At last things appear to be almost back to normal this week as we caught a massive 113 Grasshopper Warblers, with the best day being 41 on 26th August, followed by 33 on 31st August. This now brings our total for the year to date, to 241 new birds, which represents the 6th highest total at the haven ever. Sedge warbler was the most numerous species captured, but only just, with 123 new birds ringed, which brings our total for this species to 483 new birds, plus two controls. One of the controls was a French ringed bird, but it will probably take a while before we hear exactly where it came from! Reed Warbler numbers continued to trickle along with 29 new birds ringed, bringing the total for the year to 223, and a further 20 Willow Warblers were added to the total. We were discussing the decline of Willow Warblers today, and decided to look back at the ringing totals, the peak year was in 1981, when 260 new birds were ringed, to date we have only ringed 83, and with the peak migration for this species usually being during August, we will be lucky if we catch 120 birds this year.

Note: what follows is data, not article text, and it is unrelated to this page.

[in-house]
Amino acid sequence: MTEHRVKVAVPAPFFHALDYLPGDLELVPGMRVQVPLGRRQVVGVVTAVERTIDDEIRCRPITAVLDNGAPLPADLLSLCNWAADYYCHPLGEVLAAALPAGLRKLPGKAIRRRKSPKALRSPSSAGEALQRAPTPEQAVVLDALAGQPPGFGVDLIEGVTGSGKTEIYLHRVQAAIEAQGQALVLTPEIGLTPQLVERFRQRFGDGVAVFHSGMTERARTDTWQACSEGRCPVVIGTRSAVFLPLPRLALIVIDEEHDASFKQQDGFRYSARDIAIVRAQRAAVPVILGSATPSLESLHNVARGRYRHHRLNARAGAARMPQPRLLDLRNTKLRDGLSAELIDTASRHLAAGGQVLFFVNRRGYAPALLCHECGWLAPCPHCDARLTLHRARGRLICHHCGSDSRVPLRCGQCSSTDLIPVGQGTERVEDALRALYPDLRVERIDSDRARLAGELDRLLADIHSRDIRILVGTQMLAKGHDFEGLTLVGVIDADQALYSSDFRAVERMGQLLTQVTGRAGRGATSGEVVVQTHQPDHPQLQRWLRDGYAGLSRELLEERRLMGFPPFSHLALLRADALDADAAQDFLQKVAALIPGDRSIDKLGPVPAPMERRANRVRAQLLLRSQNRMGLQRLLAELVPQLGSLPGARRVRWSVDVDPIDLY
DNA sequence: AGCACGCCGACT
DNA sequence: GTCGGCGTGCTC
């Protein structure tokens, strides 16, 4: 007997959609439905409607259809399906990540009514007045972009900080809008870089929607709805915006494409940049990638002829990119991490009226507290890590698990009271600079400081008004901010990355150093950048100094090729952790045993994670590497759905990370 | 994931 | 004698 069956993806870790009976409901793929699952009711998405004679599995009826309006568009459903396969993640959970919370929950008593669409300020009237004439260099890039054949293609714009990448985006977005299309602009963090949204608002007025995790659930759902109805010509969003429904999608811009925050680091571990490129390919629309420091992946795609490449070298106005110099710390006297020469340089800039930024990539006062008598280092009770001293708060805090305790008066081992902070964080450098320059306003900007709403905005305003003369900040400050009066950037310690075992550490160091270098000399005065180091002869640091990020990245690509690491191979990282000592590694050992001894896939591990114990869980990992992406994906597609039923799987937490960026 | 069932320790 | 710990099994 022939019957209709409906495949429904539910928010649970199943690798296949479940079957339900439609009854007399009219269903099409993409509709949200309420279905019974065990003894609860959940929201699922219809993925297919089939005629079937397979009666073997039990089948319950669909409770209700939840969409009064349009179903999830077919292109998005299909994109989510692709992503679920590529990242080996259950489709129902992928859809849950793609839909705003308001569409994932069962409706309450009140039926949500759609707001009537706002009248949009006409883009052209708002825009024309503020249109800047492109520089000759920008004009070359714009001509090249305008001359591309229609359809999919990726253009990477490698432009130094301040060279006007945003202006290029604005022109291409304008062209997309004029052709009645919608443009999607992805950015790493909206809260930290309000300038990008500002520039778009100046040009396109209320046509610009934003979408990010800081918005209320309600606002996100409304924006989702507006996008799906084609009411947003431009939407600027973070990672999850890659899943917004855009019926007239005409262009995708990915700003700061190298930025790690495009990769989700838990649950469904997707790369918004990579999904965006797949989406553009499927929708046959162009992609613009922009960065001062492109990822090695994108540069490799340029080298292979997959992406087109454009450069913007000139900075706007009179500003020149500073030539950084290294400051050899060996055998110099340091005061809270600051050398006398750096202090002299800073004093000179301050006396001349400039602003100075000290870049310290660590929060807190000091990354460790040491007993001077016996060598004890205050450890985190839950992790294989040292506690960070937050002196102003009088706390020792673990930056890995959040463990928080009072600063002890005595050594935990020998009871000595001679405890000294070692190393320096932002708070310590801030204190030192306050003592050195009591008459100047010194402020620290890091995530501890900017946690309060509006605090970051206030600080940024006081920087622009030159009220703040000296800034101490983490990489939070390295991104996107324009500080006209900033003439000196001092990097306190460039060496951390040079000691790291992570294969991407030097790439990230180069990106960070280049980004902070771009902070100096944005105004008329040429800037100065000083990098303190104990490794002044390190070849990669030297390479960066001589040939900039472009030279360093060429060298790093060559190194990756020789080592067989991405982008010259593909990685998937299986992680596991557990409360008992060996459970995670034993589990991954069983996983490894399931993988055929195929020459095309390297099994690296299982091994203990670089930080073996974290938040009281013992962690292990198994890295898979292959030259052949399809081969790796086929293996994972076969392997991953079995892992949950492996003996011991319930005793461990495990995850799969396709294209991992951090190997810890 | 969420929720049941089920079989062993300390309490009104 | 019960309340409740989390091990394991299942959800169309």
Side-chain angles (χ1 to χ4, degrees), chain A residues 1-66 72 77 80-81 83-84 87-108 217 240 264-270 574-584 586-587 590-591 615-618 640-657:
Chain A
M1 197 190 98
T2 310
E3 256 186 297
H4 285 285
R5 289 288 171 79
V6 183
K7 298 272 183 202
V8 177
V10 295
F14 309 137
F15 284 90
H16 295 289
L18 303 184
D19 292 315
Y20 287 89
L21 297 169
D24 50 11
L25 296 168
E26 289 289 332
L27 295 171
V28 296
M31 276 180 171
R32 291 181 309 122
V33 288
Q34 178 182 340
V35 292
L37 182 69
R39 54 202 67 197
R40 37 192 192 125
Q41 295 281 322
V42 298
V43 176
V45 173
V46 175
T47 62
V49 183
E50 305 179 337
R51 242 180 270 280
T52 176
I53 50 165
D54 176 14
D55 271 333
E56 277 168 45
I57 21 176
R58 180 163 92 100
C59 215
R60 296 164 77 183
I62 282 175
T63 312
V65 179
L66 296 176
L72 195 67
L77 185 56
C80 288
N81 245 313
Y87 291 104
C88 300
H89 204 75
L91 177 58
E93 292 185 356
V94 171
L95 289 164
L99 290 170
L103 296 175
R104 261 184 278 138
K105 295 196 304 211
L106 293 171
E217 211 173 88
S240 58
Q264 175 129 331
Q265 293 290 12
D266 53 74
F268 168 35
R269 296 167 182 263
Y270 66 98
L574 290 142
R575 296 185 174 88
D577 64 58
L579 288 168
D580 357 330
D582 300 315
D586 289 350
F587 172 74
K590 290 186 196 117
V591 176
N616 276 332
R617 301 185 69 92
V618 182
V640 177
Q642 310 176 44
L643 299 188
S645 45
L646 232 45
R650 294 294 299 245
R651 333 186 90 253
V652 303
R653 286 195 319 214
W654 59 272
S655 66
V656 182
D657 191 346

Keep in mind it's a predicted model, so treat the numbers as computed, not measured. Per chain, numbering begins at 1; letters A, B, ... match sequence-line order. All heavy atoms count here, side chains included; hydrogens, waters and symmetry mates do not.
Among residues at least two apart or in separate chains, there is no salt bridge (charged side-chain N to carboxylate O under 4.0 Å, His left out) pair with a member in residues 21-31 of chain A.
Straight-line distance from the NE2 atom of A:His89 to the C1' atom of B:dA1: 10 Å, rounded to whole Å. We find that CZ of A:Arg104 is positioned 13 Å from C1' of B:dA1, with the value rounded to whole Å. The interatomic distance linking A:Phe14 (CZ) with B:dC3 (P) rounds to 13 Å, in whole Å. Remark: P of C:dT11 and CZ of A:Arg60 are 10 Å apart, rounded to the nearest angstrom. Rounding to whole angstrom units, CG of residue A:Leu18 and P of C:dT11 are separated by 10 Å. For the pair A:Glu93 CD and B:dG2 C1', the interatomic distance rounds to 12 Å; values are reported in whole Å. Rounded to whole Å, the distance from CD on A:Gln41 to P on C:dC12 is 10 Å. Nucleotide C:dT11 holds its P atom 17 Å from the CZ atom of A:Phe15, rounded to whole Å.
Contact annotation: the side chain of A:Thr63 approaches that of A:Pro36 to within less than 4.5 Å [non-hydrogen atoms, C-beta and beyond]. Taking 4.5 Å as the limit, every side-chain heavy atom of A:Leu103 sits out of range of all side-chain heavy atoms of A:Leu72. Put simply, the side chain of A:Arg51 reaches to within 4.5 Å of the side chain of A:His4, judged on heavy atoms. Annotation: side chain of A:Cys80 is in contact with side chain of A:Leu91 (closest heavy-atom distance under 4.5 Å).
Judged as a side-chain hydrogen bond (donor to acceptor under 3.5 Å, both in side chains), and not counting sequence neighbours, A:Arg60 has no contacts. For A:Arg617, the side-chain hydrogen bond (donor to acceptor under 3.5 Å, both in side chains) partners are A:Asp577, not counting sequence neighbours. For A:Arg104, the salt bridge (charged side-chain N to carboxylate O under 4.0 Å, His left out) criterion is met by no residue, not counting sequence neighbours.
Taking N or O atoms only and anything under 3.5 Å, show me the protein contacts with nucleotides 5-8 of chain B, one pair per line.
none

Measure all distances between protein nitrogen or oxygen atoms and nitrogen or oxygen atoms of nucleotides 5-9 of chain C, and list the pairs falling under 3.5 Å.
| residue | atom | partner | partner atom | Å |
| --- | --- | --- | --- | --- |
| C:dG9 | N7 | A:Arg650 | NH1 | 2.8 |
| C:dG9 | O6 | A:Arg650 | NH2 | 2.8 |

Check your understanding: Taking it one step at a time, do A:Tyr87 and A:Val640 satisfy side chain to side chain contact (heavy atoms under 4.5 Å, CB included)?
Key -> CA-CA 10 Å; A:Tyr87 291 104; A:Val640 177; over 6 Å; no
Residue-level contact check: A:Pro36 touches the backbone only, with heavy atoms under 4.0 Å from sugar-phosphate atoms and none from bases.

Juvenile Lesser Whitethroat (B S Duffin)

Other species captured this week included Blackcap (17), Whitethroat (14), Garden Warbler (4) and Chiffchaff (2), but the star bird award this week, went to the first Lesser Whitethroat of the year, which was captured on 31st August.

Juvenile Lesser Whitethroat (B S Duffin)

This species is something of a rarity at the haven these days and we are lucky if we catch two or three in a year, which is a far cry from the mid 90's when double figures would have been common place.